Young Marble Giants: Colossal Youth (1980)
Backed by rudimentary beats that sound like they're coming off a Casio toy keyboard, the focus of the songs is Alison Statton's sweet, pretense-free vocals and sometimes observational, sometimes cryptic lyrical poetry. The music (from brothers Stuart and Philip Moxham) is sparse and raw, melodic basslines with intermittent guitar riffs or cheesy organ lines (again sounding like the product of that toy Casio). It's basically sit-alone-in-your-room-with-your-journal kinda stuff, Statton's voice luring you in, the music intriguing but never too overtly challenging.
A few songs verge on straight-up indie pop, like the captivating small-scale storytelling of "Eating Noddemix" and the more upbeat "Constantly Changing," which pushes Statton into the higher end of her register, giving her an affecting vulnerability. A personal fave is the rollicking "Credit In The Straight World," which was later given a blast of punk fury in Hole's riveting cover version. "Include Me Out" and "Brand-New-Life" come across like some haunting hybrid of late 60s garage band rockers and Blondie demos, stripped down to their bare nuts & bolts; while "N.I.T.A." sounds like a home-brewed take on an early Eno tune.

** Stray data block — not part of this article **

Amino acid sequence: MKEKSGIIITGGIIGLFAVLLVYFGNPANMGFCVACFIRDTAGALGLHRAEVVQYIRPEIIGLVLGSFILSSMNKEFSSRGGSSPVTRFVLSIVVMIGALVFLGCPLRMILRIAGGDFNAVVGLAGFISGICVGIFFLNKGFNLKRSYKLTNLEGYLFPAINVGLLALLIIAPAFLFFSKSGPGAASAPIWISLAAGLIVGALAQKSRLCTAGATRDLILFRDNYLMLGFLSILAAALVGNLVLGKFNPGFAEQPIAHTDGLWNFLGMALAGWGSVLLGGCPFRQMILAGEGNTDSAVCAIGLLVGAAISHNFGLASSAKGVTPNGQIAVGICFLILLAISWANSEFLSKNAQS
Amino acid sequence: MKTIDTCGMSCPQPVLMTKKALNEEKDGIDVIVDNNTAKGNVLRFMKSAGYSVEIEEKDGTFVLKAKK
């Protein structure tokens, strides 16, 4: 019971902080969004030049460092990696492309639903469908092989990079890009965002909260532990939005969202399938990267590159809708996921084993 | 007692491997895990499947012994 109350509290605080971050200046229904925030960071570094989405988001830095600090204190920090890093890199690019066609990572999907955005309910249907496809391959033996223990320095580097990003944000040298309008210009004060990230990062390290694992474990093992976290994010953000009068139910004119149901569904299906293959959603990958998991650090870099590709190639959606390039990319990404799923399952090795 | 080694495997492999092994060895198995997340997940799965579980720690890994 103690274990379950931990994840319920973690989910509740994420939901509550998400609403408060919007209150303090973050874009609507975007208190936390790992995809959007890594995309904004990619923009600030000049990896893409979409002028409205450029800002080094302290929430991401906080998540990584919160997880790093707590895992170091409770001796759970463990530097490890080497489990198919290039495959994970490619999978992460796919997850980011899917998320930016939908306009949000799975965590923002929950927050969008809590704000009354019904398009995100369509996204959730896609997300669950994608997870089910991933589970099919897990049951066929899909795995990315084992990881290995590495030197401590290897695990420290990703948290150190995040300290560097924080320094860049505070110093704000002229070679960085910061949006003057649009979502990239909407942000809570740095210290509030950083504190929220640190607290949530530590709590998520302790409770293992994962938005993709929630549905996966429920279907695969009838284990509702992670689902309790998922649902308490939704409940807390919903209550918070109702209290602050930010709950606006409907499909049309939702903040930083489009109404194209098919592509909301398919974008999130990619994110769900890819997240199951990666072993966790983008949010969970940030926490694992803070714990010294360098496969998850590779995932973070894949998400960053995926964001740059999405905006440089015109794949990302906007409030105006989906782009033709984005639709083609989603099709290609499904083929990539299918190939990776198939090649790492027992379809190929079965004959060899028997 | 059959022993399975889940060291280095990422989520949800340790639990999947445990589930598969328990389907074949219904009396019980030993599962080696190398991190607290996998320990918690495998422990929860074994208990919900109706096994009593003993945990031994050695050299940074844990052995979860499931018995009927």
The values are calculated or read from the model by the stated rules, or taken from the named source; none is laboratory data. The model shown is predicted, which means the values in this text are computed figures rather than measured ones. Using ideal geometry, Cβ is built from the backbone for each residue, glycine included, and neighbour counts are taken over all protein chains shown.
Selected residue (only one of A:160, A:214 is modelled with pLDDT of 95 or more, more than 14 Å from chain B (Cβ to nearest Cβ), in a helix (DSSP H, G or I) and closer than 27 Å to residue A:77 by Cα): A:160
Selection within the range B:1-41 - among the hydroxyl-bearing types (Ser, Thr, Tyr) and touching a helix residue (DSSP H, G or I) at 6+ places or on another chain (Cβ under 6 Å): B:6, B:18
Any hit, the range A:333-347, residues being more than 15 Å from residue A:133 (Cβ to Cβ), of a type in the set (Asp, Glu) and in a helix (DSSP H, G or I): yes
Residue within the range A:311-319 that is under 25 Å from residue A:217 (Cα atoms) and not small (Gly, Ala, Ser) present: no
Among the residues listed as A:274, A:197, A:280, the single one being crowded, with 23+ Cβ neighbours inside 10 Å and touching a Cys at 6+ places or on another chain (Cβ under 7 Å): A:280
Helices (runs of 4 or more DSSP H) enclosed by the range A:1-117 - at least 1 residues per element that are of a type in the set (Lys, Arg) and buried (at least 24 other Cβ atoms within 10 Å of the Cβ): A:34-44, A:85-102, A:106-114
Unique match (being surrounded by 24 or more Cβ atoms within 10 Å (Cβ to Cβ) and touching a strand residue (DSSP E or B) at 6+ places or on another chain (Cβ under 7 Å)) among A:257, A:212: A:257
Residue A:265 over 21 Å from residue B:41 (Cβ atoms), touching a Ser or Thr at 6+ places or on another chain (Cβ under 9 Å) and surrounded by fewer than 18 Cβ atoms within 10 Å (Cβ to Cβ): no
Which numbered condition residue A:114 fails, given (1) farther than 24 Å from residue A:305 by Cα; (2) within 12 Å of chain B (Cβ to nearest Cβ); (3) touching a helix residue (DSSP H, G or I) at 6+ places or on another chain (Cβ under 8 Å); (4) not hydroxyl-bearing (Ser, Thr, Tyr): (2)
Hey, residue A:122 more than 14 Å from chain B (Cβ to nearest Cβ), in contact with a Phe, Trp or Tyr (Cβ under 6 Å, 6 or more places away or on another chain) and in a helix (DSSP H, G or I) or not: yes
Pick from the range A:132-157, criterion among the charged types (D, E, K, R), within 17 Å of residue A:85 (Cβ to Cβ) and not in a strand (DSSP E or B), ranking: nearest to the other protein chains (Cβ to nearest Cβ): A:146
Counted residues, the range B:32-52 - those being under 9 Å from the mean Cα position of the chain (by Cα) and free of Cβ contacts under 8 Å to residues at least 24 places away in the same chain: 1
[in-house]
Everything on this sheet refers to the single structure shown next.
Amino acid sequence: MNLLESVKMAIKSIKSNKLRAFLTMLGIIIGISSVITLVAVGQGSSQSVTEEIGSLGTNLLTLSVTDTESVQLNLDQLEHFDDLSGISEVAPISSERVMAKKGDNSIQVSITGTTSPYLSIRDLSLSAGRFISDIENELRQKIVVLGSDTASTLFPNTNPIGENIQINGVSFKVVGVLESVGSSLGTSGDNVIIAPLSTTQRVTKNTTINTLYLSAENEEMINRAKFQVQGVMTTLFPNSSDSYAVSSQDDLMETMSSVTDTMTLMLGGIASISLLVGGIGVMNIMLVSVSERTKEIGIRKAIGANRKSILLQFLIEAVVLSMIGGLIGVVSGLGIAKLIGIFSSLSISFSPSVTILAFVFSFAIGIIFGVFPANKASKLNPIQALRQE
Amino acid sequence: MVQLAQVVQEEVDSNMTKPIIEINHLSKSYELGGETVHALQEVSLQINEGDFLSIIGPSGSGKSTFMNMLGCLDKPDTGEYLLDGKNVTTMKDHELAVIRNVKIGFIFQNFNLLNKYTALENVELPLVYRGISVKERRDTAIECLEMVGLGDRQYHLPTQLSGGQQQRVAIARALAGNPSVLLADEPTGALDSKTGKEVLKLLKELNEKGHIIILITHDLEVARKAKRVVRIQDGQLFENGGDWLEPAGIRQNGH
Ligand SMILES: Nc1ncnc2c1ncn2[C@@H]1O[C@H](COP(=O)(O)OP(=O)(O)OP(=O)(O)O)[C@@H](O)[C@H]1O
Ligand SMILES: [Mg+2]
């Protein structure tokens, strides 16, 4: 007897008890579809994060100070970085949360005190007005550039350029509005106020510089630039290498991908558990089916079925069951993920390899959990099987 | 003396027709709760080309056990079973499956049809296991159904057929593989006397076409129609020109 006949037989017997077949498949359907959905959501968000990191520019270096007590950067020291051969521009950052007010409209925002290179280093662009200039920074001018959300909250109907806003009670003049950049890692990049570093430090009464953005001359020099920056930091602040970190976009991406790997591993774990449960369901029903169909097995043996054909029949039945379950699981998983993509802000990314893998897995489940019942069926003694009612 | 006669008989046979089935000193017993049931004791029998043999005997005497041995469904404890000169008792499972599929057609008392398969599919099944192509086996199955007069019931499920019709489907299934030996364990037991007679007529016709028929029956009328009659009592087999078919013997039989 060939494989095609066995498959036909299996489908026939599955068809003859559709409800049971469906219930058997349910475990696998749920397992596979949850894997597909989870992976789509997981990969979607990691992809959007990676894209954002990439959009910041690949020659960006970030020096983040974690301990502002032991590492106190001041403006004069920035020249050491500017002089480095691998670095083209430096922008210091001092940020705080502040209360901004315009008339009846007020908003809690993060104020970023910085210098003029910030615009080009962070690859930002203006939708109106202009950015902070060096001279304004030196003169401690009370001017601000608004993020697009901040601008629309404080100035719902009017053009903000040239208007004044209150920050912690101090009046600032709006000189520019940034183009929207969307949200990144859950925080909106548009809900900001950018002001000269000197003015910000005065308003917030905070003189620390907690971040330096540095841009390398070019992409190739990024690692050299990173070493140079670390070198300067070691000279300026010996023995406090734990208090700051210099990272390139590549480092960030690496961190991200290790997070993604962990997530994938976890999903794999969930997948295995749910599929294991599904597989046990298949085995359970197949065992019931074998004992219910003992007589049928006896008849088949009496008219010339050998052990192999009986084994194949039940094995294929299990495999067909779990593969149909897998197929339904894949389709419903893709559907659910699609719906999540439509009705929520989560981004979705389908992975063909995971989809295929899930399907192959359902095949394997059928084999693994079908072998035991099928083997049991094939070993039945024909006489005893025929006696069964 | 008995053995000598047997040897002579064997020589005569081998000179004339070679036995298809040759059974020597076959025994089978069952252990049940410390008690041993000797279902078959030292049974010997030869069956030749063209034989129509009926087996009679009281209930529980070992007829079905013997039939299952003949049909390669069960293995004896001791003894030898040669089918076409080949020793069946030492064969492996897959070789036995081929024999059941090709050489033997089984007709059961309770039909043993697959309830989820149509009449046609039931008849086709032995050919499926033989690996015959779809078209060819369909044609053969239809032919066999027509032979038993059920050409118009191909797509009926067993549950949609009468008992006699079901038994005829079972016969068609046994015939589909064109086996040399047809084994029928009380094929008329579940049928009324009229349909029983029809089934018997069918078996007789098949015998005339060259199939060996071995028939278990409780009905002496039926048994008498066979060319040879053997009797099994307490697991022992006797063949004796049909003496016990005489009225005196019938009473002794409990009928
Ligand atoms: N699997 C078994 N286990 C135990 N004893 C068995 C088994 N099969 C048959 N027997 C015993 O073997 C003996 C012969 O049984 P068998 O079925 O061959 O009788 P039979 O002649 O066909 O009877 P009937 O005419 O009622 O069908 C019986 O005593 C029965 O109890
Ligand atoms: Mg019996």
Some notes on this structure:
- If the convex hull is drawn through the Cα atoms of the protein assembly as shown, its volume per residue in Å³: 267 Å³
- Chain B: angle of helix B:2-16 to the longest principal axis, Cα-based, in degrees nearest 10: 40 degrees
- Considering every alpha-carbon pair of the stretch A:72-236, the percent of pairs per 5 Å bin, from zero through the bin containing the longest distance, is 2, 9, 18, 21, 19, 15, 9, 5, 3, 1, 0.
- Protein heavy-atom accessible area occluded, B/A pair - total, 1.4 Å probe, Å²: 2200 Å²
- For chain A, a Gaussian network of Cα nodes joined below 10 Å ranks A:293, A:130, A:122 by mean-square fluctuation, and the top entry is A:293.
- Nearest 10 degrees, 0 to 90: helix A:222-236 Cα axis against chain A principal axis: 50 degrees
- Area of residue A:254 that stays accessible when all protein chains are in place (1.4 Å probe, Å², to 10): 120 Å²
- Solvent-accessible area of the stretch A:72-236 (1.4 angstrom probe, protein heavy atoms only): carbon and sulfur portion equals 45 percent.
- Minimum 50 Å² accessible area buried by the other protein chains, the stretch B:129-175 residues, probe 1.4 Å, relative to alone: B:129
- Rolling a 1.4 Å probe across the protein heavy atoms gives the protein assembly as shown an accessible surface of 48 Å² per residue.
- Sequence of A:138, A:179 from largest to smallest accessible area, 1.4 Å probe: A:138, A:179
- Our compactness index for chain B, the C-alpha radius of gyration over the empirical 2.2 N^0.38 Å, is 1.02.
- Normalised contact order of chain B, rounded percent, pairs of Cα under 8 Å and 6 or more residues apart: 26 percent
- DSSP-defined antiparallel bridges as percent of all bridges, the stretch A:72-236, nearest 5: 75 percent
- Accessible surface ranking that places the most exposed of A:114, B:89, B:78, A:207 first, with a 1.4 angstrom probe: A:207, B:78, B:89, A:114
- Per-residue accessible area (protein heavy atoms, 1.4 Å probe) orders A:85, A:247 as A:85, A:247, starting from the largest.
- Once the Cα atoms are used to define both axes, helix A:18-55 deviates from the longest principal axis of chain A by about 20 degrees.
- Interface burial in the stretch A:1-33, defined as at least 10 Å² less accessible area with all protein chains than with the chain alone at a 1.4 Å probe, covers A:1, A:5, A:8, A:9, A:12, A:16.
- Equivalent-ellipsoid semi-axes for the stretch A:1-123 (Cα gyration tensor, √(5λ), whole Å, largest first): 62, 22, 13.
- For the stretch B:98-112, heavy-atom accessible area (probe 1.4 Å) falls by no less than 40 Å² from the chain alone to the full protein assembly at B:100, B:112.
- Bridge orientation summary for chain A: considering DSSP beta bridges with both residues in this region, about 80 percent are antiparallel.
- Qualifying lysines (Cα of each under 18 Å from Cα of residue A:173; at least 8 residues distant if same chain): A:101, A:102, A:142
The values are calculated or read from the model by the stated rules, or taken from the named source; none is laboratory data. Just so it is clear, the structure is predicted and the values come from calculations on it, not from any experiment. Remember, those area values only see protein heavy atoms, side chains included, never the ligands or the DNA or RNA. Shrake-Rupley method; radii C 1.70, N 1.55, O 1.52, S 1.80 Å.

It's all refreshingly DIY, like a few kids trying to recreate Kraftwerk and Devo and the early Feelies with some cheap instruments and a notebook full of jottings. Definitely worth a listen. CD reissues appended some early singles; most are instrumental, best suited to the soundtrack of some weird indie film, but the vocal track "The Final Day" is terrific.